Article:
Practice notes, Sutter quotes, competition at center

12 hours after the conclusion of their 2-1 win over the Ducks, the Kings reconvened at their El Segundo practice facility for treatment, video and team meetings. Six players took the ice: Jhonas Enroth, Nick Shore, Nic Dowd, Kevin Gravel, Matt Greene and Marian Gaborik. Gaborik was getting up and down the ice a touch better than he did last weekend, but it’s still too early to start projecting a timeline of when exactly he’d be able to start participating in wider capabilities. Greene’s return isn’t imminent, either.

I spoke with Vincent Lecavalier and Jonathan Quick; reports on the Jennings Trophy and what stands to be Lecavalier’s final regular season game will follow. Lecavalier also spoke about his outlook in advance of the playoffs and how Los Angeles’ systems compare to those he had previously operated under. Darryl Sutter also spoke with reporters; his answers are below.

Sutter also discussed the competition for several depth roles in advance of the playoffs. While some of the nuances of Andy Andreoff’s performance are down below, he also weighed in on the competition for available minutes at center that Andreoff, with three goals, four points, 10 shots on goal and a plus-four rating over his last seven games, has inserted himself in the conversation for.

“I just want somebody to take it,” Sutter said. “Andy’s been a little bit more reliable in his own zone, so we put him at center to see if he can handle that. So it’s a competition for that spot, right there. At the time it was Dowd and Shore, and now we’ve put Andy in there a little bit. It’s a competition for that spot. Hey, I wish they could all play. I wish we could dress 30 like in whatever it is, five lines or four lines like college or Europe and do all that stuff. But we can’t. The bench ain’t big enough for ‘em all.”

Darryl Sutter, on consistently being in the hunt for the Jennings Trophy:
Yeah, we’re there every year. It’s one of our goals, to be in the top-five [for goals-against], all the time. If you look at last year, Carey Price ran away with it. It’s why Montreal had a great year, and not [just] Carey Price, but the team, if you look at that. It’s probably to me, even though the individuals go on there, and when we won it last time, only Quickie went on there because you need so many games. I forget, there’s a number – is it 25? Yeah. I remember saying after, if I had known that – I didn’t know that was it – I would’ve got Jonesy in more, because I believe it’s starts. It’s something like that. Because, really, games played and minutes are a big difference. You can play a guy five minutes. But I don’t know the exact rule. You’d have to look it up. I remember saying if I had known that, and if you knew you had a chance of winning and you had enough games left, you would’ve found a way to get ‘em somehow so his name could be on it, too. It’s to me, the major team award. I know there’s been lots of talk about individuals obviously when your team does well and the star factor, but to me the most important awards that just players go on are Jennings, Conn Smythe.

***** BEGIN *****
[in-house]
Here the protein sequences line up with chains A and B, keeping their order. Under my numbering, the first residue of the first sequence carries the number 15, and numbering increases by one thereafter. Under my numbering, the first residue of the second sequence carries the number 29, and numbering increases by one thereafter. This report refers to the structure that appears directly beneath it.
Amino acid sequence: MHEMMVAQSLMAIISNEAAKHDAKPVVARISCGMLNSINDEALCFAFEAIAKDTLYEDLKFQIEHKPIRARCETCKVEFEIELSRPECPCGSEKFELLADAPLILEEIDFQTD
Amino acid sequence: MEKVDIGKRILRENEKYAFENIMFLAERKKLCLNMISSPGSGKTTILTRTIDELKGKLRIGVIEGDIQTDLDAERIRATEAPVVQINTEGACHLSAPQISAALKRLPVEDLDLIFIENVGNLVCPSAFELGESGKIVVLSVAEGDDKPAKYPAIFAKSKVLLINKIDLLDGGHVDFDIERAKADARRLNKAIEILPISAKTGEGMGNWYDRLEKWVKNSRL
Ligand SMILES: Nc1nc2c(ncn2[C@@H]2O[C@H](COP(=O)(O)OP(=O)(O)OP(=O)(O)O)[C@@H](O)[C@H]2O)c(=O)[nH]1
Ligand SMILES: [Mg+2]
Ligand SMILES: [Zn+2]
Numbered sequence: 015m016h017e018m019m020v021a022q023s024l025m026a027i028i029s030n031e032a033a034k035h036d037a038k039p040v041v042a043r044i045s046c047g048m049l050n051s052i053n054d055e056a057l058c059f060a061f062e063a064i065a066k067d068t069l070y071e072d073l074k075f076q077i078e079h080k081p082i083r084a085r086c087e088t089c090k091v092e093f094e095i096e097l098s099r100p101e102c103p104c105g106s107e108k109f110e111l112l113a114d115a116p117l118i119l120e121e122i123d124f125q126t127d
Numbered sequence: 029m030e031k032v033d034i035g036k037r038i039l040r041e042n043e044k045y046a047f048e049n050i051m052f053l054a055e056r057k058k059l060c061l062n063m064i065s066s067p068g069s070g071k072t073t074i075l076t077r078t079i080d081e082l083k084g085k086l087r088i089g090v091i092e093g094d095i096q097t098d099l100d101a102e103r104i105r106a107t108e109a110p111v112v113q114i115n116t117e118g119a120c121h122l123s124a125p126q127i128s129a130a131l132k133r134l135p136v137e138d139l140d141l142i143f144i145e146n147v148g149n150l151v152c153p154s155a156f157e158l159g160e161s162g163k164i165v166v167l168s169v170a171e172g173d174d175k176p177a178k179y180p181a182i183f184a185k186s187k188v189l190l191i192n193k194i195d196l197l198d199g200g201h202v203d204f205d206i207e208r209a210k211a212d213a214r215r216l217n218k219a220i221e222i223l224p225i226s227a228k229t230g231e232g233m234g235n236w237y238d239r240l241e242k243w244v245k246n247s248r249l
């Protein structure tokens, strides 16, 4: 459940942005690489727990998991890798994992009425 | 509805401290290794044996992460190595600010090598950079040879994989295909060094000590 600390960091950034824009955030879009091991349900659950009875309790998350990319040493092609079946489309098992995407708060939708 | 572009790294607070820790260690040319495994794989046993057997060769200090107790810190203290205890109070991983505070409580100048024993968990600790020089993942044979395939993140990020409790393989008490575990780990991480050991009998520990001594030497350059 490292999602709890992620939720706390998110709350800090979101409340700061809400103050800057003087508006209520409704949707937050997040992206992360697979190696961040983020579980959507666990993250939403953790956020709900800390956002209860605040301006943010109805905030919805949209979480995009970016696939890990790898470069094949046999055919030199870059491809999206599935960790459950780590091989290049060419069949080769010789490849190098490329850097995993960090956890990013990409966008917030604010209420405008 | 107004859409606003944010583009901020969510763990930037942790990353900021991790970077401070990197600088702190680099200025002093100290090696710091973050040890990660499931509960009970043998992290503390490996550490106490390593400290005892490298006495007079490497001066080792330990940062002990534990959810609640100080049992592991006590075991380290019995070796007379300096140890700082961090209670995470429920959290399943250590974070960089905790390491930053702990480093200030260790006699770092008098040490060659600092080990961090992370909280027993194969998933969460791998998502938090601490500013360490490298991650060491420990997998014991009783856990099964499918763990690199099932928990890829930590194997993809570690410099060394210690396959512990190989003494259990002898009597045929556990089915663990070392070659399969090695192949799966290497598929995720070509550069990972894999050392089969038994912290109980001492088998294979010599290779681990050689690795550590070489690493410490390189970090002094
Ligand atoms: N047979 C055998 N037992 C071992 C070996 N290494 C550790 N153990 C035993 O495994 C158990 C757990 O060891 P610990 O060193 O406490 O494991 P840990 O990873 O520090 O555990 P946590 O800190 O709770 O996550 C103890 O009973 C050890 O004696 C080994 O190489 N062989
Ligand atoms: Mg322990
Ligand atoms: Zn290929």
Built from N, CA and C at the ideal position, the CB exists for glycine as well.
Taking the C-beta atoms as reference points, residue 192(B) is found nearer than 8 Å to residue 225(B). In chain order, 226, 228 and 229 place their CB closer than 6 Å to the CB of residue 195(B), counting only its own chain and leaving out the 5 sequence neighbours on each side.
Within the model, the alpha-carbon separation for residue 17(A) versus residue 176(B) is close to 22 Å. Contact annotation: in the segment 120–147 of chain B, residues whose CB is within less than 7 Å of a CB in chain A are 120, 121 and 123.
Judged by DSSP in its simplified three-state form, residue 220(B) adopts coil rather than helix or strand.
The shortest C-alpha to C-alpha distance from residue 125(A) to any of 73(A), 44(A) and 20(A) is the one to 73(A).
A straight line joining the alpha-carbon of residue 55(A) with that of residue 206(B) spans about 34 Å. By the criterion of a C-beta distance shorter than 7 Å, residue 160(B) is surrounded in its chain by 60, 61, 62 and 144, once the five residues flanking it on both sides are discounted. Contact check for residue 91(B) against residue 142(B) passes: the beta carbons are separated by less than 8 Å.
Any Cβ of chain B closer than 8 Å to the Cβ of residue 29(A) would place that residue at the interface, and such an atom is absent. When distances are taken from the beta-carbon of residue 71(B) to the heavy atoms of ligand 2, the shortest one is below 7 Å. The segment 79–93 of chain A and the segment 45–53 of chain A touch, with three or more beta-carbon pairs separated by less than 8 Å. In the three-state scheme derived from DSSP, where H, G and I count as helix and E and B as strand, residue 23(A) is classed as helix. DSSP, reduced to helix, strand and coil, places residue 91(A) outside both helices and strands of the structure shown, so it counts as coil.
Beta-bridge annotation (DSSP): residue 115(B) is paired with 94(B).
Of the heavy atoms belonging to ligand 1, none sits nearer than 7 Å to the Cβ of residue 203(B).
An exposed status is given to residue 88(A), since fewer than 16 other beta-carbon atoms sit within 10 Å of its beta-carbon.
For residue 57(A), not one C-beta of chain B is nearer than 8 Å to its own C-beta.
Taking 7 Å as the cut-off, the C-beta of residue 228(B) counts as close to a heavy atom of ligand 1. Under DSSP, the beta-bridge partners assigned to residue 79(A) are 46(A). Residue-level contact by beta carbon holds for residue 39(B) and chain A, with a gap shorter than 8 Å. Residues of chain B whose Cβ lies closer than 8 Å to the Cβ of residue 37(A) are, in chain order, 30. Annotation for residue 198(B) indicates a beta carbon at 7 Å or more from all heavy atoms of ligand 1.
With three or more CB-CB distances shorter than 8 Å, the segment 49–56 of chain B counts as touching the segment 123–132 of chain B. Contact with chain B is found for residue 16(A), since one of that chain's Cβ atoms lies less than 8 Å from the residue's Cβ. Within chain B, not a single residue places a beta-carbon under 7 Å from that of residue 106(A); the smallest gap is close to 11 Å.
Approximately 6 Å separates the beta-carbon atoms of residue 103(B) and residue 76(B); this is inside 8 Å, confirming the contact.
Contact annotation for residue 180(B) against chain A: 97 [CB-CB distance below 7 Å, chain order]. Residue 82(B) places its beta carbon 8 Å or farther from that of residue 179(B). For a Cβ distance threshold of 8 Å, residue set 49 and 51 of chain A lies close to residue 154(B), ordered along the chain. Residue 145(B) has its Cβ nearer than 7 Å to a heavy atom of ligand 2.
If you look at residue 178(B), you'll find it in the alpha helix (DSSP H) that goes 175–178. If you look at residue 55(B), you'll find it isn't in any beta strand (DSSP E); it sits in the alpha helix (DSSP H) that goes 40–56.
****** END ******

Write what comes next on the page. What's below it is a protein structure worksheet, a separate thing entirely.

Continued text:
Sutter, on Ben Scrivens & Martin Jones helping Jonathan Quick win the Jennings in 2014:
Well, he was hurt. But at the end of the day, if you look at the best goalies, they’re all playing now. If there’s no injuries involved, they’re playing 60 to – Jonathan would play the most this year – 60-to-68 games. That’s what it is. That’s about winning. Teams that split are not sure who their number one are, which means that they’re still not a great goalie or looked on as a great goalie or they haven’t won a championship. The teams that are playing in those games are guys that have won championships, have stayed healthy, and are perceived as a clear-cut number one.

Sutter, on the Clifford-Andreoff-Versteeg line:
Kris has played on every line and Cliffy hasn’t played every game, and Andy’s played every position, so it’s not a line. [Reporter: I know, but maybe just guys who aren’t primary goal scorers-] It’s not a line. All of them might not play tomorrow. [Reporter: Andy seems to have particularly elevated his game.] We’re really challenging our young players to see if they’re playoff players, and we have a number of players. We have [players] who aren’t playing right now – the two Nicks – and one or both of them may play tomorrow, and that means I’m going to evaluate strictly on once we know who our opponent is, I’m going to evaluate it on that and performance. That’s what it is. And we moved Brownie around last night because when you play Anaheim, they’re top-heavy, and you need two lines to go against them, so we moved Brownie there with Jeff and Ty last night, and the other guys, actually, if you actually broke that down and looked at that game, those important goals that Kris scored and that line scored, they were also too many D-zone starts for them, which icings, things like that, which result in penalties and goals against, and that costs you series. So there’s a lot more to it than what you think.

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